Tuesday, October 19, 2010
Bob Gluck's "Electric Brew" of Solo Piano and Electronics
A prelude-like moment for the piano, the sounding of a shofar horn and electronics set the stage for Bob Gluck's Electric Brew (EMF 069). It came out in 2007, and so it is most certainly not the flavor of the month. And it was not meant to be so. It is music for the long haul.
Bob plays a kind of improvised solo piano that has a particular sonority in mind regardless of where he is in his performance. He can go the jazz-derived improvisational route or hew more closely to the modern jazz sound. Or he can sound like he's coming out of an avant classical frame of reference. In any of these cases he remains his own person.
Electric Brew provides you with a great example of his musical personality. The piano comes across as the principal voice in his music. Electronics augment, contextualize or provide a second voice in the mix. In the case of the use of "computer-assisted" piano, the piano voice and its electronic manipulation go together. What's important is that the electronics are well-integrated and add much to what transpires. It never feels like they are an afterthought to the principal music-making.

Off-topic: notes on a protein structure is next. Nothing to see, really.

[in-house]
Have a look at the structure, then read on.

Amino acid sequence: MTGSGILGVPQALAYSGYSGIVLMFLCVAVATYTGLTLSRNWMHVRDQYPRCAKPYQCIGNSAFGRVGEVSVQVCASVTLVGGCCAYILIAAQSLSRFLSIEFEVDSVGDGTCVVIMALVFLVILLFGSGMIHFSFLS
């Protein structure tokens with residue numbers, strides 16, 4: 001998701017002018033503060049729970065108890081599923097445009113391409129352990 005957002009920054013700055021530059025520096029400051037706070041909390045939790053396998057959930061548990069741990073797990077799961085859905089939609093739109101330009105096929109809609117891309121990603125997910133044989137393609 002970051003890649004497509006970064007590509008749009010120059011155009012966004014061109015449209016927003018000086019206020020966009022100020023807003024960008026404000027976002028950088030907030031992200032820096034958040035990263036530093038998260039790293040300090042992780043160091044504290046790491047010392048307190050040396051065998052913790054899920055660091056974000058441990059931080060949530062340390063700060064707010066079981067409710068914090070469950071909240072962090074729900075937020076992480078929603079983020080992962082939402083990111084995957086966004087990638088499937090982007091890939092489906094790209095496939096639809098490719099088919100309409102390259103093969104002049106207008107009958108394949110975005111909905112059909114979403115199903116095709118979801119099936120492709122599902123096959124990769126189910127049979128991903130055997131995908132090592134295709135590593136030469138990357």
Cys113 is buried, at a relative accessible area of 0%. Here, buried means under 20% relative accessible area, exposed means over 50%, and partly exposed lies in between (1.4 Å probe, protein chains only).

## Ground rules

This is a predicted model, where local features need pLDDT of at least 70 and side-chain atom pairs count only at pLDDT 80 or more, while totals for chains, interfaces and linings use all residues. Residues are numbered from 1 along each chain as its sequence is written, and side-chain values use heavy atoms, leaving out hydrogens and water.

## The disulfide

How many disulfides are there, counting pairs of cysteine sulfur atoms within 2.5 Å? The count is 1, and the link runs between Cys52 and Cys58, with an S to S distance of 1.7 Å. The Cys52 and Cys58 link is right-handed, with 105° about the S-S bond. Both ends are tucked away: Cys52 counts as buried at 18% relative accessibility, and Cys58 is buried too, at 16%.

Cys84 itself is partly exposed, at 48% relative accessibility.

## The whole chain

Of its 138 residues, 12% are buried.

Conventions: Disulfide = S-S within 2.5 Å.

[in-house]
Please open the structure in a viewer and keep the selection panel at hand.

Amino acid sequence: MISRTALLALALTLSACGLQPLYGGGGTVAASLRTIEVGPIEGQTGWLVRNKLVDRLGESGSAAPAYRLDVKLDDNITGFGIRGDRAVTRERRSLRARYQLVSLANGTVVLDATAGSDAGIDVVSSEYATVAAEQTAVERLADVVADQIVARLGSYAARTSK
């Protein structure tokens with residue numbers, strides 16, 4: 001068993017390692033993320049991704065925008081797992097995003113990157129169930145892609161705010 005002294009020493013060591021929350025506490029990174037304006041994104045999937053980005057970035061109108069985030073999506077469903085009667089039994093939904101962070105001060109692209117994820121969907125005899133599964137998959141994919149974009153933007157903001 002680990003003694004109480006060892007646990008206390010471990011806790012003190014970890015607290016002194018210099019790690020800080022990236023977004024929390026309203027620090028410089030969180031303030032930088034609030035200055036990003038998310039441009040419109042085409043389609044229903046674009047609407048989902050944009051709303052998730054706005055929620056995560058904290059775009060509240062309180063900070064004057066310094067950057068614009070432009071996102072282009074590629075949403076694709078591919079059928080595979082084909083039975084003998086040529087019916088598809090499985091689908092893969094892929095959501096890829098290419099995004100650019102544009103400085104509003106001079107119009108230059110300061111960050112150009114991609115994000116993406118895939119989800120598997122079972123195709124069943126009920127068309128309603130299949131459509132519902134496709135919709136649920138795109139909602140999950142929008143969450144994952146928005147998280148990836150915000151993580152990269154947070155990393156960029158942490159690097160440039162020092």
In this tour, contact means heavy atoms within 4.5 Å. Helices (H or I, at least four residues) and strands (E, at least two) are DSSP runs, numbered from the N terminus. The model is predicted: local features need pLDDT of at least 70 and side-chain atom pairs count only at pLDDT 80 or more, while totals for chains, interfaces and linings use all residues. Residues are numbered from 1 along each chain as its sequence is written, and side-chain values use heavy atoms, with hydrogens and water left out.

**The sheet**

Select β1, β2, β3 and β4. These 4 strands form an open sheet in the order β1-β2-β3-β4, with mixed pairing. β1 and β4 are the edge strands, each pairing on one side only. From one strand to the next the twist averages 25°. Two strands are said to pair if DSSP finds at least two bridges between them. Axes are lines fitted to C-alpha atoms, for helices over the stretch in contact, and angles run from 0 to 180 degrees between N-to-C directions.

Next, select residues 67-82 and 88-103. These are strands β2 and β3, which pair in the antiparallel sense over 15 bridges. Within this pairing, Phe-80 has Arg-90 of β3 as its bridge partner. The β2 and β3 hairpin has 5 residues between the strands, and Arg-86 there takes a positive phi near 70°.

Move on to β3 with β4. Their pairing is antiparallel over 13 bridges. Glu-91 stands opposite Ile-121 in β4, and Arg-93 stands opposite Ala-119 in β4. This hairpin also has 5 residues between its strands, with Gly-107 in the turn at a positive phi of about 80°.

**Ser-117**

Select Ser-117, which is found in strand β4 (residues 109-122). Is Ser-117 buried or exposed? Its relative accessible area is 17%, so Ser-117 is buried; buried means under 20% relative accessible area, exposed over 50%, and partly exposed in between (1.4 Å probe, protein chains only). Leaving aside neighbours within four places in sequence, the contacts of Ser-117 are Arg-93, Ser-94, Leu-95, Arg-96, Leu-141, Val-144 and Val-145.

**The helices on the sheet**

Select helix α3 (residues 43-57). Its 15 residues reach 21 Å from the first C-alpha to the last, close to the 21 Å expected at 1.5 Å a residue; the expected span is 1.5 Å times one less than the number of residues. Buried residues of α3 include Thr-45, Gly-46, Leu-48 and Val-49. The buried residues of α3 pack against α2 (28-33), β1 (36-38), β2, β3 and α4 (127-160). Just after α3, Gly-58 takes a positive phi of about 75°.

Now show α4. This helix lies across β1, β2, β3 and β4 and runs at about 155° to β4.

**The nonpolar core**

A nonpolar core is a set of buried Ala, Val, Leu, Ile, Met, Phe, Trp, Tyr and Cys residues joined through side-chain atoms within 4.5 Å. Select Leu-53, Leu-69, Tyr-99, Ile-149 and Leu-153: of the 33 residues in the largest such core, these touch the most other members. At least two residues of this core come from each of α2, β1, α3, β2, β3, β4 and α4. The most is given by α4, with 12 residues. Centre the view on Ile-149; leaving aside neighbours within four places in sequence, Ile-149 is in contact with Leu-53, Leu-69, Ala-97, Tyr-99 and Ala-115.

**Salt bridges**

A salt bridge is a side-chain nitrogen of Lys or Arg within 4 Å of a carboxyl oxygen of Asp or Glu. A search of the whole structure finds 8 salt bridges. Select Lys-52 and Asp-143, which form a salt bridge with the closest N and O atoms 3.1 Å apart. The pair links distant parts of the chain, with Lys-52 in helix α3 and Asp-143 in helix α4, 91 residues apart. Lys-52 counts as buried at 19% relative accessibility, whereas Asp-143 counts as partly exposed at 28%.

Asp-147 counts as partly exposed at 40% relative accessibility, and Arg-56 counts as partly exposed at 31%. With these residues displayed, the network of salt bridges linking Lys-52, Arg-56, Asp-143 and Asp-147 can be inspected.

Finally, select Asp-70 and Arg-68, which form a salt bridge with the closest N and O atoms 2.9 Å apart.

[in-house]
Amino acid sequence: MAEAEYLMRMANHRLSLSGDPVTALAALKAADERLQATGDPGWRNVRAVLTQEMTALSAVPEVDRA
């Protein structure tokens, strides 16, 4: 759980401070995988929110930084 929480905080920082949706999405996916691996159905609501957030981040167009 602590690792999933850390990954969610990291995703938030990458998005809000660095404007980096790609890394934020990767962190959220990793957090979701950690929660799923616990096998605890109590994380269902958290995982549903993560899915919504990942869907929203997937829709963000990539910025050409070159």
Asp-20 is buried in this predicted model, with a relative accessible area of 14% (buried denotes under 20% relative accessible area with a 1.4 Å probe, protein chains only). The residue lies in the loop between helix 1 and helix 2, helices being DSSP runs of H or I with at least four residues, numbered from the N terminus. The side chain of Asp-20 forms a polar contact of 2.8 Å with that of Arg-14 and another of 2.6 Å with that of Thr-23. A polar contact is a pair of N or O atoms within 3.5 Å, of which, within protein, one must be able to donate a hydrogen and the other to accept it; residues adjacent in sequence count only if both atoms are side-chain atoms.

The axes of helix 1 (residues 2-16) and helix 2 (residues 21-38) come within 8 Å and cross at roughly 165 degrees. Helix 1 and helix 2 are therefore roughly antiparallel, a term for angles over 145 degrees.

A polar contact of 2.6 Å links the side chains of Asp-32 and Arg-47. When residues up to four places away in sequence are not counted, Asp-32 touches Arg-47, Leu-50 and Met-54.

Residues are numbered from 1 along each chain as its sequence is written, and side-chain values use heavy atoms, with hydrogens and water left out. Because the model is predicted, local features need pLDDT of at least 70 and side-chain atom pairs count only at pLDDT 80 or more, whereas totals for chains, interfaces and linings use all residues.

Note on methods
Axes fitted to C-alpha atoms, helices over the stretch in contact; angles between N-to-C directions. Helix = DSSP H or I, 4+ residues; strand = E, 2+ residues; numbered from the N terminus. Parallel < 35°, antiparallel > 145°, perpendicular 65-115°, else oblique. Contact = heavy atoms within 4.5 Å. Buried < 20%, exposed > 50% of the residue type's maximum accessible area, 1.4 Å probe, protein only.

Mr. Gluck has a fertile and richly complex musical imagination and it comes across well in this program. The music has an avant feel to it but communicates an ordered sonoral vision. The musico-structural architecture leaves the beams exposed, so to say, in that you can hear Mr. Gluck's structural sense in motion at most points.
It's very interesting music, a tour de force of advanced pianism and in its own way pioneering in its singular use of electronics. Very much recommended.